As for making exact control layouts for each game, you're right that's the only way to really do things "all the way," but I'm finding that in many cases I actually prefer a generic layout. I was at a retro arcade last week and, among other stuff, I played several late 80s to early 90s shoot-em-ups and beat-em-ups. That timeframe had a lot of games that used 8-way joysticks and 2-3 buttons, often multi-player. So, nothing special or unique about the control hardware itself, but a lot of times the buttons are arranged in a seemingly random, goofy-assed way around the panel. You'd have a typical shooter with a joystick and one button each for fire and bomb; the joystick is fine and all, but then the bomb button is located about 2" to the left and 3" down from the fire button. WTF is that? Just place the damn buttons side by side so I can play the game for more than 10 minutes without developing tendonitis. Drives me nuts. On the generic "street fighter" style layout I have at home, I always have all of the buttons clustered together in a comfortable way.

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I'll try the gamepad for Assault, that could work. Or I'll jst build up a dedicated controller box. It's favorite worth the time and effort. And loved manhandling that game.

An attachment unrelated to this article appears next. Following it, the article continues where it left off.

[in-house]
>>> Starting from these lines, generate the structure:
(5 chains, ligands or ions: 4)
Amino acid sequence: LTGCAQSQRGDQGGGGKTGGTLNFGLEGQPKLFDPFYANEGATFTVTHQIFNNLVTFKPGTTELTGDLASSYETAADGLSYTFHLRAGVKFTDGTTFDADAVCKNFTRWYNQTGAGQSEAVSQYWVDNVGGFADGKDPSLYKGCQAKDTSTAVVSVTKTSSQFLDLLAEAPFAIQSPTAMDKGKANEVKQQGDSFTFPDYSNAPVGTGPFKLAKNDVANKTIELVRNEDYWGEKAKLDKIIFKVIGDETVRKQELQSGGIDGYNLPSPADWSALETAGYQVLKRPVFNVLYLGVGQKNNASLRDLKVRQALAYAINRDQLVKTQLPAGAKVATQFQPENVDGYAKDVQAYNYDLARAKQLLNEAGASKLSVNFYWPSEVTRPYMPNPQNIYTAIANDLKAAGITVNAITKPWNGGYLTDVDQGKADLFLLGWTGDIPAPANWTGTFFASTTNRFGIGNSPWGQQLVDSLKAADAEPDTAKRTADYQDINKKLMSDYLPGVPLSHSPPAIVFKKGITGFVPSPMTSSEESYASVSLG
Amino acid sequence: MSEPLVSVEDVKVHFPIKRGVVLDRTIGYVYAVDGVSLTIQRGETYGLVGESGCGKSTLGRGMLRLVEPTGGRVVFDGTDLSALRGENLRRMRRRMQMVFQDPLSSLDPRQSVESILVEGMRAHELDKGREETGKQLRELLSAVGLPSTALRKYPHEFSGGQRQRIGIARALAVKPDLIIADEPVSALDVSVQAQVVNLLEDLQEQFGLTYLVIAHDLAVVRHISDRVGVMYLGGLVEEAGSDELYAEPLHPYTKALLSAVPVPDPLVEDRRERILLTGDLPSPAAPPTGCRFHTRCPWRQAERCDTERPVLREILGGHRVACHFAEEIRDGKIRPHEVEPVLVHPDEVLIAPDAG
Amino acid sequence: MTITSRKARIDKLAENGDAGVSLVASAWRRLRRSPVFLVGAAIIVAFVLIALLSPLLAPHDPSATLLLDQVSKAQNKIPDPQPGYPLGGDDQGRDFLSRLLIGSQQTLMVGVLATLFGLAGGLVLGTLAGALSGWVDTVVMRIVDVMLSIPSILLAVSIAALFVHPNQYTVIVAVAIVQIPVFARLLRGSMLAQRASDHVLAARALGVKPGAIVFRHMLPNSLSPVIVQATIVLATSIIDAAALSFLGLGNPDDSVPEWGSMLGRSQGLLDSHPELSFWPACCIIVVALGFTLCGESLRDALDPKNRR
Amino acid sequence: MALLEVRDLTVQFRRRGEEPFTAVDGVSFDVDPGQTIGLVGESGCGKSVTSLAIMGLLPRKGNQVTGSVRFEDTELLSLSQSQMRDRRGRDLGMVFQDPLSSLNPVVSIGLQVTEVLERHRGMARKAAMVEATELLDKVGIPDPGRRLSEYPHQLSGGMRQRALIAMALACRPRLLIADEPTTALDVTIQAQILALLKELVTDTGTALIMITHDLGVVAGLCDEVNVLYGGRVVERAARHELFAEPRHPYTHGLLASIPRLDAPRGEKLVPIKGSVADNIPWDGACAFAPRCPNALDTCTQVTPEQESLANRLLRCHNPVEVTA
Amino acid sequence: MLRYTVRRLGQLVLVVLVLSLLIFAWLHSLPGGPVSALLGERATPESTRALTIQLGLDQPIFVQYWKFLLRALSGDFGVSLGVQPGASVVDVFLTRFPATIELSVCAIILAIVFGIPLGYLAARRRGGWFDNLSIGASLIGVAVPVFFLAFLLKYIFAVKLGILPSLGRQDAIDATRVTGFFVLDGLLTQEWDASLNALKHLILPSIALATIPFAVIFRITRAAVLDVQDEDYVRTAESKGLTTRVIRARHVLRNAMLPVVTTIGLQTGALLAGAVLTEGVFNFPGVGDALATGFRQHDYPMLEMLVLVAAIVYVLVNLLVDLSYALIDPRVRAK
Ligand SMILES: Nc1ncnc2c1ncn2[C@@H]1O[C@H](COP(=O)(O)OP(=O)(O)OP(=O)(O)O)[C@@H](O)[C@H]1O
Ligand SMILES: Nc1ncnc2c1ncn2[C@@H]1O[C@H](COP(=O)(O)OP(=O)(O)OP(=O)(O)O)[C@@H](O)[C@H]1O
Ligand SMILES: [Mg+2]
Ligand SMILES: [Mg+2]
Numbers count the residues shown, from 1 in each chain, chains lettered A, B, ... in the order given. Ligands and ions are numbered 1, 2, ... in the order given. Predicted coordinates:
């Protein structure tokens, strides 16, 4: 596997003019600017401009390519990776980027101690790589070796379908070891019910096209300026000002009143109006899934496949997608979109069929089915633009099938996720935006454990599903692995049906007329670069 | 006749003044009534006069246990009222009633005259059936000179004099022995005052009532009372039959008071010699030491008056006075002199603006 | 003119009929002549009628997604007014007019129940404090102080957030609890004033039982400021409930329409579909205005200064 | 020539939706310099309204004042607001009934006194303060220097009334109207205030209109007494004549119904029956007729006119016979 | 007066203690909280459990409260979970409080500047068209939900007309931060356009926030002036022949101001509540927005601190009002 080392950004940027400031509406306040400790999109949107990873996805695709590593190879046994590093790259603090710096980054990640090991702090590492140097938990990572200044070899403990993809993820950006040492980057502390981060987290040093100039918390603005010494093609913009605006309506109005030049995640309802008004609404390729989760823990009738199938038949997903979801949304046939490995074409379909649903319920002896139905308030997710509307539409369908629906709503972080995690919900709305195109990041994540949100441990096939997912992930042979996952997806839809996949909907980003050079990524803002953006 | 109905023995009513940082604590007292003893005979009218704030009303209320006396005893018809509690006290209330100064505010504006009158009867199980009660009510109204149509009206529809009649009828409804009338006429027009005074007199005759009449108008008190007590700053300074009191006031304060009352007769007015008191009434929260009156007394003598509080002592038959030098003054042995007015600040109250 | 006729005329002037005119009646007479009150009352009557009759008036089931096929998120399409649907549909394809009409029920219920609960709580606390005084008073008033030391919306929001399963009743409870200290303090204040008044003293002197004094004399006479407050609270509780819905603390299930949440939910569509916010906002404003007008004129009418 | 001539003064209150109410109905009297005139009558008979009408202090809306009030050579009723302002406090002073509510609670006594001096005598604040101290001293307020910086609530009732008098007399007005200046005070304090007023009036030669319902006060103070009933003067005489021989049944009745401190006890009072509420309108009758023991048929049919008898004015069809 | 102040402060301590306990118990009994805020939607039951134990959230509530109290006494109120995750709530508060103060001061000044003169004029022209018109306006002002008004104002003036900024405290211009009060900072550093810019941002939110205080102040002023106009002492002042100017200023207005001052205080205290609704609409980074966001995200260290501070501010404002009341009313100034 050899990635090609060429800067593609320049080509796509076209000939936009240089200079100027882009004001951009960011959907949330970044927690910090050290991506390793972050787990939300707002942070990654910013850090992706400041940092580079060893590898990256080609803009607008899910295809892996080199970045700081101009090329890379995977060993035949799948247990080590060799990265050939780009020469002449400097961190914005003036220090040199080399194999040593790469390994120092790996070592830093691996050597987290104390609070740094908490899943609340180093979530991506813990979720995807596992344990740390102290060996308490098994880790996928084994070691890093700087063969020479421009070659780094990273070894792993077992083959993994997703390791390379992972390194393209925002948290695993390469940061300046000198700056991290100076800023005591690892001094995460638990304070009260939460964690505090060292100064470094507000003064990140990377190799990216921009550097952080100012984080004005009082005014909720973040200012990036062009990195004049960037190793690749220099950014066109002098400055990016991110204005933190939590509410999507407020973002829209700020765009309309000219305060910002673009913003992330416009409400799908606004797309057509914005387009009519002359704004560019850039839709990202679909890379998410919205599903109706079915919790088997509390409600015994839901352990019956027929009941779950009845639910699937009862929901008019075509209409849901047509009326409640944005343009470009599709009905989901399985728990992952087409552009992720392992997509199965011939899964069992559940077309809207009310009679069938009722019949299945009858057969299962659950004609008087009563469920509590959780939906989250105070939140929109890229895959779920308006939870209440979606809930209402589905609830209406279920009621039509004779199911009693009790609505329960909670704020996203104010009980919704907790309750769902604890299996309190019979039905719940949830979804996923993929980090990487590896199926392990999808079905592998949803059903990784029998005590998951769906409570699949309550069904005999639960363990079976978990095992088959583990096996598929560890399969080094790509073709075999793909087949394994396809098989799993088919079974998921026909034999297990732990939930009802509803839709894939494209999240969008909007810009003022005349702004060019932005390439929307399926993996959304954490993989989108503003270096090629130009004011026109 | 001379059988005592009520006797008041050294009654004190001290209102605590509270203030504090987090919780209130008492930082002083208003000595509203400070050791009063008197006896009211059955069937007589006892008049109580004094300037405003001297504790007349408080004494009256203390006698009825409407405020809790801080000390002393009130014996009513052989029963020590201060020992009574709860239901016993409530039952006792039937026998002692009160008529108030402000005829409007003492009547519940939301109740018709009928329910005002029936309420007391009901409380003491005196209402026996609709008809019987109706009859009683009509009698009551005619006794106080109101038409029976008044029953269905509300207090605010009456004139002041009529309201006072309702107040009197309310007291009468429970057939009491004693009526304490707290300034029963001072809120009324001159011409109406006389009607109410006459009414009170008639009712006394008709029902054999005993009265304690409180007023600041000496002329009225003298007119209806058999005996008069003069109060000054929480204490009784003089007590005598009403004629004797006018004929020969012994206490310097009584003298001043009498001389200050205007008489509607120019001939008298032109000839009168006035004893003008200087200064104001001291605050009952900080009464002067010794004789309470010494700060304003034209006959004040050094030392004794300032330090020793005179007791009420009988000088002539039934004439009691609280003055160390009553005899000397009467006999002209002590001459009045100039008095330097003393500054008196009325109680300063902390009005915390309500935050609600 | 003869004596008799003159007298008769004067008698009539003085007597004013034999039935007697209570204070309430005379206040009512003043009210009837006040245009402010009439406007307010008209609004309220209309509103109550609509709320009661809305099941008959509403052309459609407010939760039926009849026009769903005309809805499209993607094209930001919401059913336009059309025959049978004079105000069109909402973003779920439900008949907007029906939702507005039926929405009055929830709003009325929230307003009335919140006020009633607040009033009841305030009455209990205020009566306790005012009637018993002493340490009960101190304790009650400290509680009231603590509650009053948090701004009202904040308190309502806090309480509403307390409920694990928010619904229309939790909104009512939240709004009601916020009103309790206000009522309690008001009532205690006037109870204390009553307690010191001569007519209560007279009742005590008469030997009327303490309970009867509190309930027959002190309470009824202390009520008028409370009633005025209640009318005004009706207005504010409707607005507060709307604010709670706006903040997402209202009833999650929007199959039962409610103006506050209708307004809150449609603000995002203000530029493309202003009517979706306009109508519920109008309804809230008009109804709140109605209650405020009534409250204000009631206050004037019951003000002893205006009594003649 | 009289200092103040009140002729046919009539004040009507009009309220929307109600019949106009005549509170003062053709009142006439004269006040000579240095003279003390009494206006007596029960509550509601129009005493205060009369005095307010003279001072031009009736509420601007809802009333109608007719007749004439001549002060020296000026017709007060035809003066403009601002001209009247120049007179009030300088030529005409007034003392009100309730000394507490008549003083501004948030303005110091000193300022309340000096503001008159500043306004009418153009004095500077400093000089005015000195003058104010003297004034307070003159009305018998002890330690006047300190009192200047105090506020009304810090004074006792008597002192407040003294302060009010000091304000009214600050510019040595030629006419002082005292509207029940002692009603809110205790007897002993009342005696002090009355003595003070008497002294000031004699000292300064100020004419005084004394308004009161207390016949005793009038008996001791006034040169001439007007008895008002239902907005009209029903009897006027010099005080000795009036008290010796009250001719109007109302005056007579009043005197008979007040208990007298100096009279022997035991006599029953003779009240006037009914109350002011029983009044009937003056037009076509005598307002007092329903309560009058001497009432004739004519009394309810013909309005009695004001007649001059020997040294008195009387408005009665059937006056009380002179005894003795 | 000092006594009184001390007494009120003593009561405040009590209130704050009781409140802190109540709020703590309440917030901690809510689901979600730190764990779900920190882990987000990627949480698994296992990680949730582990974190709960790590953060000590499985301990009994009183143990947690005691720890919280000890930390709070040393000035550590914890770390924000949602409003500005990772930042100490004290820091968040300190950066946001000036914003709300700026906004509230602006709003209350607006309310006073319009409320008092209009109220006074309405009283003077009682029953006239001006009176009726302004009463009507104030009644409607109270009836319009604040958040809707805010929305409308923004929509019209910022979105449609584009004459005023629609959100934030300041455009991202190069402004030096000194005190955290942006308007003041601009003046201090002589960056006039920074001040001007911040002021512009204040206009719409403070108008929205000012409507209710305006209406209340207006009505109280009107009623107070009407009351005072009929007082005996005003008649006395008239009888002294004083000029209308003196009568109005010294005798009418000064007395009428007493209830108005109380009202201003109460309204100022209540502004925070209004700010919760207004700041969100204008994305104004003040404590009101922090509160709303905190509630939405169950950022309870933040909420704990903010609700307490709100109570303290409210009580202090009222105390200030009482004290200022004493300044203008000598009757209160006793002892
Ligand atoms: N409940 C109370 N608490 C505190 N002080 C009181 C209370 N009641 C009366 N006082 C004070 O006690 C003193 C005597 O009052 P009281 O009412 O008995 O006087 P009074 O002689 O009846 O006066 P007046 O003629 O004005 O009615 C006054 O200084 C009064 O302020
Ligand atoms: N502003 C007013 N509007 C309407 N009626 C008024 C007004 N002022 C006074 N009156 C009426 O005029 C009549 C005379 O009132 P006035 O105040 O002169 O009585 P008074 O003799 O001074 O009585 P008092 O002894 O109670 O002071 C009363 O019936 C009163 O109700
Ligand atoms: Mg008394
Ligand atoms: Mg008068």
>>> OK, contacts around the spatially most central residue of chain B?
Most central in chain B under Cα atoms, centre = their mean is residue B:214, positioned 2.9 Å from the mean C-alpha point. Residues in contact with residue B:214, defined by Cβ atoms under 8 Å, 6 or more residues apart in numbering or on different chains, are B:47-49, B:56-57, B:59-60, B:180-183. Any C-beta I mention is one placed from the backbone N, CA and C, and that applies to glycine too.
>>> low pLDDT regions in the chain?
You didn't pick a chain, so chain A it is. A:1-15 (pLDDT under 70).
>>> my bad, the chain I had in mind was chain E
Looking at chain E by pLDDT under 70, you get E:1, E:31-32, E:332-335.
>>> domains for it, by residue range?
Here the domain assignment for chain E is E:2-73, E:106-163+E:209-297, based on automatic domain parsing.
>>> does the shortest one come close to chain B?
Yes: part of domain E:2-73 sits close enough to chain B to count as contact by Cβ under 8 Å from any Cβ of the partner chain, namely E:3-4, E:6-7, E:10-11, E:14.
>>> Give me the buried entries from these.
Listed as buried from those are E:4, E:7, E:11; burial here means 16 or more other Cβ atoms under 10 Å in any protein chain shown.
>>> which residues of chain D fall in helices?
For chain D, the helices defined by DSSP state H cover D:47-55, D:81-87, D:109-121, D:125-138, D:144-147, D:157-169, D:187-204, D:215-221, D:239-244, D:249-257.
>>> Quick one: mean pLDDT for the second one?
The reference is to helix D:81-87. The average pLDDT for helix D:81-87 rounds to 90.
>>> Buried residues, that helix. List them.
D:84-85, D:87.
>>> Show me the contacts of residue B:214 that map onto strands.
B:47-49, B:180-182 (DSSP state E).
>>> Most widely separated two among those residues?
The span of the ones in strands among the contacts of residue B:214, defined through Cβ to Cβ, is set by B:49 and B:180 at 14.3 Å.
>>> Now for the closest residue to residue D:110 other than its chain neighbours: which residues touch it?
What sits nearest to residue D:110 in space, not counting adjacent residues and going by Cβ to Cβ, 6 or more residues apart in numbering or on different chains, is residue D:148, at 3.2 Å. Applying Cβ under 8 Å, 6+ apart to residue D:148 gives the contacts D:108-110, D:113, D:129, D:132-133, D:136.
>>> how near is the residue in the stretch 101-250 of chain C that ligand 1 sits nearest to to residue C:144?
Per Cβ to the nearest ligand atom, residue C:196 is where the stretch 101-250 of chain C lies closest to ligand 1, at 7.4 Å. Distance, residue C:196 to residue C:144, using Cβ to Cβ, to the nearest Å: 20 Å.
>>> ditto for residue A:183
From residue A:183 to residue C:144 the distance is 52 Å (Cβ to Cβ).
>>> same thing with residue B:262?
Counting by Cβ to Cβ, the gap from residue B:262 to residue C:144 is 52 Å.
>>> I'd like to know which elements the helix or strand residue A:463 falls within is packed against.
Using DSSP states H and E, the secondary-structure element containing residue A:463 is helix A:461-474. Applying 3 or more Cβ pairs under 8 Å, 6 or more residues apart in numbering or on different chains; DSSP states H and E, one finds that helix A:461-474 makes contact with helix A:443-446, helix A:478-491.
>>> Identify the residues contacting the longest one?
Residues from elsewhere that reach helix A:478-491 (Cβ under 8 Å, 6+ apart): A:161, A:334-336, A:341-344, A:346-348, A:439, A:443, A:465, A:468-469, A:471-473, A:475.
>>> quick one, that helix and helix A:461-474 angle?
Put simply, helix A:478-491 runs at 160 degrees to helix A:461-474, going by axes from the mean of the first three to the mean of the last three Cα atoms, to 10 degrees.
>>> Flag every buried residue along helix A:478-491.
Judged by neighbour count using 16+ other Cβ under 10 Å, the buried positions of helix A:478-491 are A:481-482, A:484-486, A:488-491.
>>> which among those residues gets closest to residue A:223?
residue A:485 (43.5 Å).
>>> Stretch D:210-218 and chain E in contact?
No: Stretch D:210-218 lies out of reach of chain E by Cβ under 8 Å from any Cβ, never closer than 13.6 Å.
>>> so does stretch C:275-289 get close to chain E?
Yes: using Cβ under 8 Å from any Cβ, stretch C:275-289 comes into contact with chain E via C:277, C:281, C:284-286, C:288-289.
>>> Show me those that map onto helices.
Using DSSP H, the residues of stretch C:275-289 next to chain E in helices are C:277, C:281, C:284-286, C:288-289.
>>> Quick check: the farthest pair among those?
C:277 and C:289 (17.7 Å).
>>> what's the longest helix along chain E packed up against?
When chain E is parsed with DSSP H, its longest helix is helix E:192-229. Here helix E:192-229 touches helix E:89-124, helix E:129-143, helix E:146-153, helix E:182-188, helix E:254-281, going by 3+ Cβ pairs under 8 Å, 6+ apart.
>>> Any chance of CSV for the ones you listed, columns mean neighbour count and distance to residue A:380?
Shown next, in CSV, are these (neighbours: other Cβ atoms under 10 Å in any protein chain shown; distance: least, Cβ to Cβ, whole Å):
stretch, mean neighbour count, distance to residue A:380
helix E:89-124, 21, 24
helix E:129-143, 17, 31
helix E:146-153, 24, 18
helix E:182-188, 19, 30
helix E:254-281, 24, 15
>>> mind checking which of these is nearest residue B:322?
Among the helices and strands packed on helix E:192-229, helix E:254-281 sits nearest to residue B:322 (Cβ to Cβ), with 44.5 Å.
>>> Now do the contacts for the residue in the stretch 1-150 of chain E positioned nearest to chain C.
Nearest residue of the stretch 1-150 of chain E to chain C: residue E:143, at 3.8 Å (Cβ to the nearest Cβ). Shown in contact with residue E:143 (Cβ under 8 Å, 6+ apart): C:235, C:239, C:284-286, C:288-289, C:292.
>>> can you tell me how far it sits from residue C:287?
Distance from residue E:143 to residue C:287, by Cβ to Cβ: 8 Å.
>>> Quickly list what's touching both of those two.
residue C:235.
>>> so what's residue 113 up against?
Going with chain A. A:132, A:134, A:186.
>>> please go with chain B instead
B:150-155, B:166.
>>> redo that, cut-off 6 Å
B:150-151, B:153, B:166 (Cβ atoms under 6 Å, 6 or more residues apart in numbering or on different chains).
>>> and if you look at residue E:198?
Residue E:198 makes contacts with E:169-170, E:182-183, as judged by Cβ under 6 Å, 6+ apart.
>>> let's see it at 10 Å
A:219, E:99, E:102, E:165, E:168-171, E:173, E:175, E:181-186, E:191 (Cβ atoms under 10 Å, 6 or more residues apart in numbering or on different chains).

I'm not one to have to require the exact arcade layout, a custom-for-myself control arrangement works as good as the arcade or even better.

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I'll try the gamepad for Assault, that could work. Or I'll jst build up a dedicated controller box. It's favorite worth the time and effort. And loved manhandling that game.

 

I'm not one to have to require the exact arcade layout, a custom-for-myself control arrangement works as good as the arcade or even better.

 

I had a chance to play Assault on a real cabinet last year, that game rocks.

 

I've never used these, but I've always wondered if these types of sticks would be any good for tank controls on a MAME setup:

 

http://www.arcadeemulator.net/cgi-bin/shop/cp-app.cgi?usr=51F2905904&rnd=2606255&rrc=N&affl=&cip=&act=&aff=&pg=prod&ref=Fire+Button+Compact+Joystick&cat=Joysticks&catstr=HOME:Joysticks